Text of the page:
SOFIA (Reuters) - The European Union on Thursday called for a swift restart of the stalled United Nations peace talks for Syria, worried by Russia’s efforts to tighten the grip on power of its ally, President Bashar al-Assad.
The U.N. talks in Geneva have made little progress during seven years of the war, struggling to even bring Assad’s envoys and the Western-backed opposition into one room and reaching deadlock in December.
Moscow has been promoting alternative talks in Astana with Turkey, which also supports rebel groups in Syria’s multi-faceted civil war.
Armed interventions by Russia and Iran have allowed Assad to recapture large parts of Syria but the U.N. says February has seen some of the worst fighting since violence erupted in March 2011.
EU foreign ministers in Bulgaria were holding their first full discussion about Syria in almost a year on Thursday.
“We’ll discuss how to mobilise humanitarian support but also how to use the convening power of the European Union to support the U.N.-led political process that is facing difficult moments in these weeks,” said EU’s top diplomat, Federica Mogherini.
Mogherini will host an international conference on Syria in Brussels in April to support the ailing peace process and seek more pledges of humanitarian aid. A previous such event in 2017 was overshadowed by a chemical attack in Syria.
France said this week it would strike against Assad if his government carried out new attacks with chemical arms. Several EU ministers told reporters on the sidelines of Thursday’s meeting that the U.N. should deal with such instances.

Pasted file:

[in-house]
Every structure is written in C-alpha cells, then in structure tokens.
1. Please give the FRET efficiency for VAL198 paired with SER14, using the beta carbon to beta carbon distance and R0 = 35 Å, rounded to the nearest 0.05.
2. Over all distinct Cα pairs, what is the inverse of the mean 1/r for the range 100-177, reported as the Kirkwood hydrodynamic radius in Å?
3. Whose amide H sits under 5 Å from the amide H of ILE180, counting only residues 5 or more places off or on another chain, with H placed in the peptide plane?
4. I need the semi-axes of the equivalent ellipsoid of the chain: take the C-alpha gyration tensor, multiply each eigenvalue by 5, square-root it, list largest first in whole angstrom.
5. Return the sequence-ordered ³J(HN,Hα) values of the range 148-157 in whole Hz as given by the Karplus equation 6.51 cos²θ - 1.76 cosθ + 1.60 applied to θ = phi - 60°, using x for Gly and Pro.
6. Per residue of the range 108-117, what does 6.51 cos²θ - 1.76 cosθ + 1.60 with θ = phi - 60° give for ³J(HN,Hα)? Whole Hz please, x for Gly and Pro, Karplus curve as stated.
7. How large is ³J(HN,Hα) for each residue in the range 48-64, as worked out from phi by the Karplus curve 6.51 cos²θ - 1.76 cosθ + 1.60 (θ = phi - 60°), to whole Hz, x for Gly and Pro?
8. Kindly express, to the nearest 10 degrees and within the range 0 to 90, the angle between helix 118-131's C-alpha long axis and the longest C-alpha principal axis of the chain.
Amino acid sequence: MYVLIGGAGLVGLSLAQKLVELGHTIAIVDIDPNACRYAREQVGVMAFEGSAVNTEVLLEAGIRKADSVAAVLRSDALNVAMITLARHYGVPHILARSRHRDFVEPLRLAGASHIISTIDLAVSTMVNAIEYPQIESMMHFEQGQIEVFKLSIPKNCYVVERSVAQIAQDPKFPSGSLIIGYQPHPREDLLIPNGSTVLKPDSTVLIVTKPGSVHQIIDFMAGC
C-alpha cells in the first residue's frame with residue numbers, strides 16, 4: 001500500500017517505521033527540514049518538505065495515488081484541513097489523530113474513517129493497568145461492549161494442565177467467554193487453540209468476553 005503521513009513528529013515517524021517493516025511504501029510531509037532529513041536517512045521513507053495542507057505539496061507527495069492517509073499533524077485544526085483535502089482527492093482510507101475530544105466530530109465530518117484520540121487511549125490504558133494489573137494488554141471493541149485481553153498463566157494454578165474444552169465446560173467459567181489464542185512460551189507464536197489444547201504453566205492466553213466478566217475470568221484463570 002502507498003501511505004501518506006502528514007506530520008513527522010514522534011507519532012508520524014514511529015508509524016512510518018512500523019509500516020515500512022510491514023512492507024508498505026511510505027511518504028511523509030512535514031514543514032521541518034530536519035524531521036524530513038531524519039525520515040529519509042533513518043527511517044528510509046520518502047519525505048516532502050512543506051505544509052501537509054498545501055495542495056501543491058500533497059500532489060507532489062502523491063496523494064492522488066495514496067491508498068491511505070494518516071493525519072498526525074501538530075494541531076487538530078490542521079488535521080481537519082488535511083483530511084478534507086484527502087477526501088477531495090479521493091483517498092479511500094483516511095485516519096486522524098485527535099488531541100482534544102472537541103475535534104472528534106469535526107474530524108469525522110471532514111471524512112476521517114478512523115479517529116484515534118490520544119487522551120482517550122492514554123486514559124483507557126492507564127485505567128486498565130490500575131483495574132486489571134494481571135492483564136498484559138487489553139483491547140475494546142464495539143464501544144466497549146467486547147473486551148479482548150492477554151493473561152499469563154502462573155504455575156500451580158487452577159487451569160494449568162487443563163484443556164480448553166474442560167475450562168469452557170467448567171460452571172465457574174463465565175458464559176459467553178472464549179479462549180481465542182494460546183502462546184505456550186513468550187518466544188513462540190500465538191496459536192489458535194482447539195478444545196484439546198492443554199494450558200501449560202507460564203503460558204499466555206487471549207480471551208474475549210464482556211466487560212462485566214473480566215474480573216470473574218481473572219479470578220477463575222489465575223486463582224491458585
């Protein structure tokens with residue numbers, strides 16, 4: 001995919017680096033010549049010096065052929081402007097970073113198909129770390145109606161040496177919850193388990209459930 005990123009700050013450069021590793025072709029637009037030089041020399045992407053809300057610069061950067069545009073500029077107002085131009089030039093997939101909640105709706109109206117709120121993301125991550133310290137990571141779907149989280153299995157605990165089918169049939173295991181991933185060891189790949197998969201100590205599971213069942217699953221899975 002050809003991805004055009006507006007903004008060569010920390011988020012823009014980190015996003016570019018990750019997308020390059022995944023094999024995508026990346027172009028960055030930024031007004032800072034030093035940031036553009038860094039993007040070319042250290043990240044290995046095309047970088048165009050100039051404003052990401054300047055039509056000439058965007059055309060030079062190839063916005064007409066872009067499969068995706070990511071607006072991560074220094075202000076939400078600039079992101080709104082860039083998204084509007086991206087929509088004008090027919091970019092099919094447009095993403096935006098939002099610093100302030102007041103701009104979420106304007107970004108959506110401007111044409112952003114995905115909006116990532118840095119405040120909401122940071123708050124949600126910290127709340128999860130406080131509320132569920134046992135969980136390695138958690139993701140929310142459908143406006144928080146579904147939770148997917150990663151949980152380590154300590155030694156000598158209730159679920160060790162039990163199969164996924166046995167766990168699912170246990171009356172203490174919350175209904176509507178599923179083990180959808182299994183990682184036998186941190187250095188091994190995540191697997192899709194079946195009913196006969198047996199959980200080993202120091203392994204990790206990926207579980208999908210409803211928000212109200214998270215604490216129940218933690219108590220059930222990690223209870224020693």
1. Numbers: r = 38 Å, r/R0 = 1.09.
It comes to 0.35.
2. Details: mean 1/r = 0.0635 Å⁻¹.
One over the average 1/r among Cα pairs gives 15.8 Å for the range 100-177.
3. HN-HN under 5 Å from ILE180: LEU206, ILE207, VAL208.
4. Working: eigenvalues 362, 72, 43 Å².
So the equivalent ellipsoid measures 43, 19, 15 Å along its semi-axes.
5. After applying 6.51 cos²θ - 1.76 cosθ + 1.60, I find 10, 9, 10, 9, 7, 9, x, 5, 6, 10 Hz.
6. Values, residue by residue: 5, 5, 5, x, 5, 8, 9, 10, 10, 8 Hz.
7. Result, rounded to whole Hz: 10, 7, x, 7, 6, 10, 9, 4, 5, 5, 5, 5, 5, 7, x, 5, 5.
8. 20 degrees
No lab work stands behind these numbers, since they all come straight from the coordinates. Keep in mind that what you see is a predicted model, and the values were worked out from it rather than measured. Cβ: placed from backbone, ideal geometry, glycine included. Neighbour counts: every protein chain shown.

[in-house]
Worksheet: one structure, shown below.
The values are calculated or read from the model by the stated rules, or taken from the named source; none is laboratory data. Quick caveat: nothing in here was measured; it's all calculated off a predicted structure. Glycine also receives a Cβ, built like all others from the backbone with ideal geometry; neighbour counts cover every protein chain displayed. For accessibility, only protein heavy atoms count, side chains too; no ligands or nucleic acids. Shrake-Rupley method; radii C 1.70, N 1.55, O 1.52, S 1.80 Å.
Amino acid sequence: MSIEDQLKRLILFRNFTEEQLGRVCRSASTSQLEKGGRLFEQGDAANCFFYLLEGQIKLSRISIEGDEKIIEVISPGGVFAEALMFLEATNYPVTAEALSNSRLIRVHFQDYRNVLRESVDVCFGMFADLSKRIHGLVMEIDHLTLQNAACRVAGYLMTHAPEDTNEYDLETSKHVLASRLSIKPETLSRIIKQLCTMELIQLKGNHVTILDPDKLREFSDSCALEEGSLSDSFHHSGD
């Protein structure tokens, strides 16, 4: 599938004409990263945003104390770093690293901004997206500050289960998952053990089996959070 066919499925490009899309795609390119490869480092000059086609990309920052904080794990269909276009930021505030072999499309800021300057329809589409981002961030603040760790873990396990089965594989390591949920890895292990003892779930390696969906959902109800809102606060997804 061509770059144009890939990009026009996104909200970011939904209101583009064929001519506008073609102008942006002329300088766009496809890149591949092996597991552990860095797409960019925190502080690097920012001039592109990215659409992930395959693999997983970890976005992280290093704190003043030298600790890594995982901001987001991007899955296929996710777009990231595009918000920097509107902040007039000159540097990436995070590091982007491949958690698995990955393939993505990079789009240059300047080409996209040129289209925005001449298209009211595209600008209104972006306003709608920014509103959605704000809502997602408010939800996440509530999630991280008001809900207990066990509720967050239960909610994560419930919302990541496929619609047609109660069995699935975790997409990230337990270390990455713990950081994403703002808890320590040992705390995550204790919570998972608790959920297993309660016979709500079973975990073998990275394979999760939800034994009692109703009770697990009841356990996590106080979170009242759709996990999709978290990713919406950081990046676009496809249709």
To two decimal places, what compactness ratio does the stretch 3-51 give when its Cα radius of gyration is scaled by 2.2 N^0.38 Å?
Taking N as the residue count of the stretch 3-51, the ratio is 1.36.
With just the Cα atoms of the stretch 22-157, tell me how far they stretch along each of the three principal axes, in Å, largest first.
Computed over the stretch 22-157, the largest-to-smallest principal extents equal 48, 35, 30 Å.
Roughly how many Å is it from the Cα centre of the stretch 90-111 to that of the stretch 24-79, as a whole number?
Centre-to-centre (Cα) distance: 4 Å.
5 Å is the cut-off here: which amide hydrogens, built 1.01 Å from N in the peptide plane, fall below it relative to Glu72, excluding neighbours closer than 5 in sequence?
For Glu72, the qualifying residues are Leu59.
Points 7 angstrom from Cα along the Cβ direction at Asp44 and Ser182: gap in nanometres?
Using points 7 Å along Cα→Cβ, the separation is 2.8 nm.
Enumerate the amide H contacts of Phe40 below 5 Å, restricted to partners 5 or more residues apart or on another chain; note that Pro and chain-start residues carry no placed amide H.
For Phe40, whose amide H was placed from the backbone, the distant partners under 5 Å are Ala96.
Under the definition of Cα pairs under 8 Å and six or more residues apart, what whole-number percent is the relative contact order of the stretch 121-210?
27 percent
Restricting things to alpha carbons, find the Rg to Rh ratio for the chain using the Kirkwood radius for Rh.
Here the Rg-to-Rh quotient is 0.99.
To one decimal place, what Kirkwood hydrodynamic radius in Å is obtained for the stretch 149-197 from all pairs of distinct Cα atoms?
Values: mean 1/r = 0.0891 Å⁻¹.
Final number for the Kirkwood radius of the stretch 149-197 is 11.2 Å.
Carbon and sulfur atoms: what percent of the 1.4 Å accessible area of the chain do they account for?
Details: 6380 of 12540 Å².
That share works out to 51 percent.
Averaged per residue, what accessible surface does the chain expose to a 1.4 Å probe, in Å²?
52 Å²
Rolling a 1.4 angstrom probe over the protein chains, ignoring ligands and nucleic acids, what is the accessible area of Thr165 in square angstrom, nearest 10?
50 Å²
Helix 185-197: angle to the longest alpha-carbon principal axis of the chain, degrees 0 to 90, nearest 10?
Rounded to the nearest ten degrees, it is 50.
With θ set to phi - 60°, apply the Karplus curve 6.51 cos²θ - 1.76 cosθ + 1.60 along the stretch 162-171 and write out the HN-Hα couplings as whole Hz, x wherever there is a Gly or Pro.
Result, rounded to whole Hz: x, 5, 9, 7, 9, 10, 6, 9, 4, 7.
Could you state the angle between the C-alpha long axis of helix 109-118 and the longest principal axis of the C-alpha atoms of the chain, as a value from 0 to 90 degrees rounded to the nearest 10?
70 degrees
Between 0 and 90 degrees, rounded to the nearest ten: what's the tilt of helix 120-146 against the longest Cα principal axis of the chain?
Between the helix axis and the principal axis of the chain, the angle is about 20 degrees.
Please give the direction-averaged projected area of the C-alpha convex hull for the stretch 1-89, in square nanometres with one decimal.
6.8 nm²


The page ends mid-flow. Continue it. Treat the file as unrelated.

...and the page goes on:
The conflict shows no signs of abating as powers in the region and beyond back rival forces in the proxy war. Now entering its eighth year, it has killed hundreds of thousands and driven millions from their homes.
“The tragedy continues,” French Foreign Minister Jean-Yves Le Drian told reporters. “It is important for the Geneva process to restart as quickly as possible.”
The EU has so far played only a marginal role in efforts to resolve the conflict. It is trying to leverage its status as the world’s largest aid donor to gain sway and has said it will not pay to help rebuild Syria if Moscow and Damascus crush Assad’s opponents and ensure he holds on to power.
Assad’s forces have recently bombarded two of the last major rebel areas in Syria.
Dire humanitarian conditions in the besieged areas of Eastern Ghouta and the northwestern province of Idlib have prompted the U.N. Security Council to hold discussions this month on a month-long ceasefire to allow aid deliveries and the evacuation of sick and wounded.
“We always call for an increase in humanitarian aid for Syrians,” Mazen Darwish, a Syrian lawyer and campaigner, told Reuters after addressing EU diplomats in Brussels earlier this month.
“But we warn against using reconstruction money as a weapon. We want the reconstruction money to serve ethical goals, not be a weapon for the regime.”
Additional reporting by Robert-Jan Bartunek, Alissa de Carbonnel and Peter Maushagen; writing by Gabriela Baczynska; editing by Andrew Roche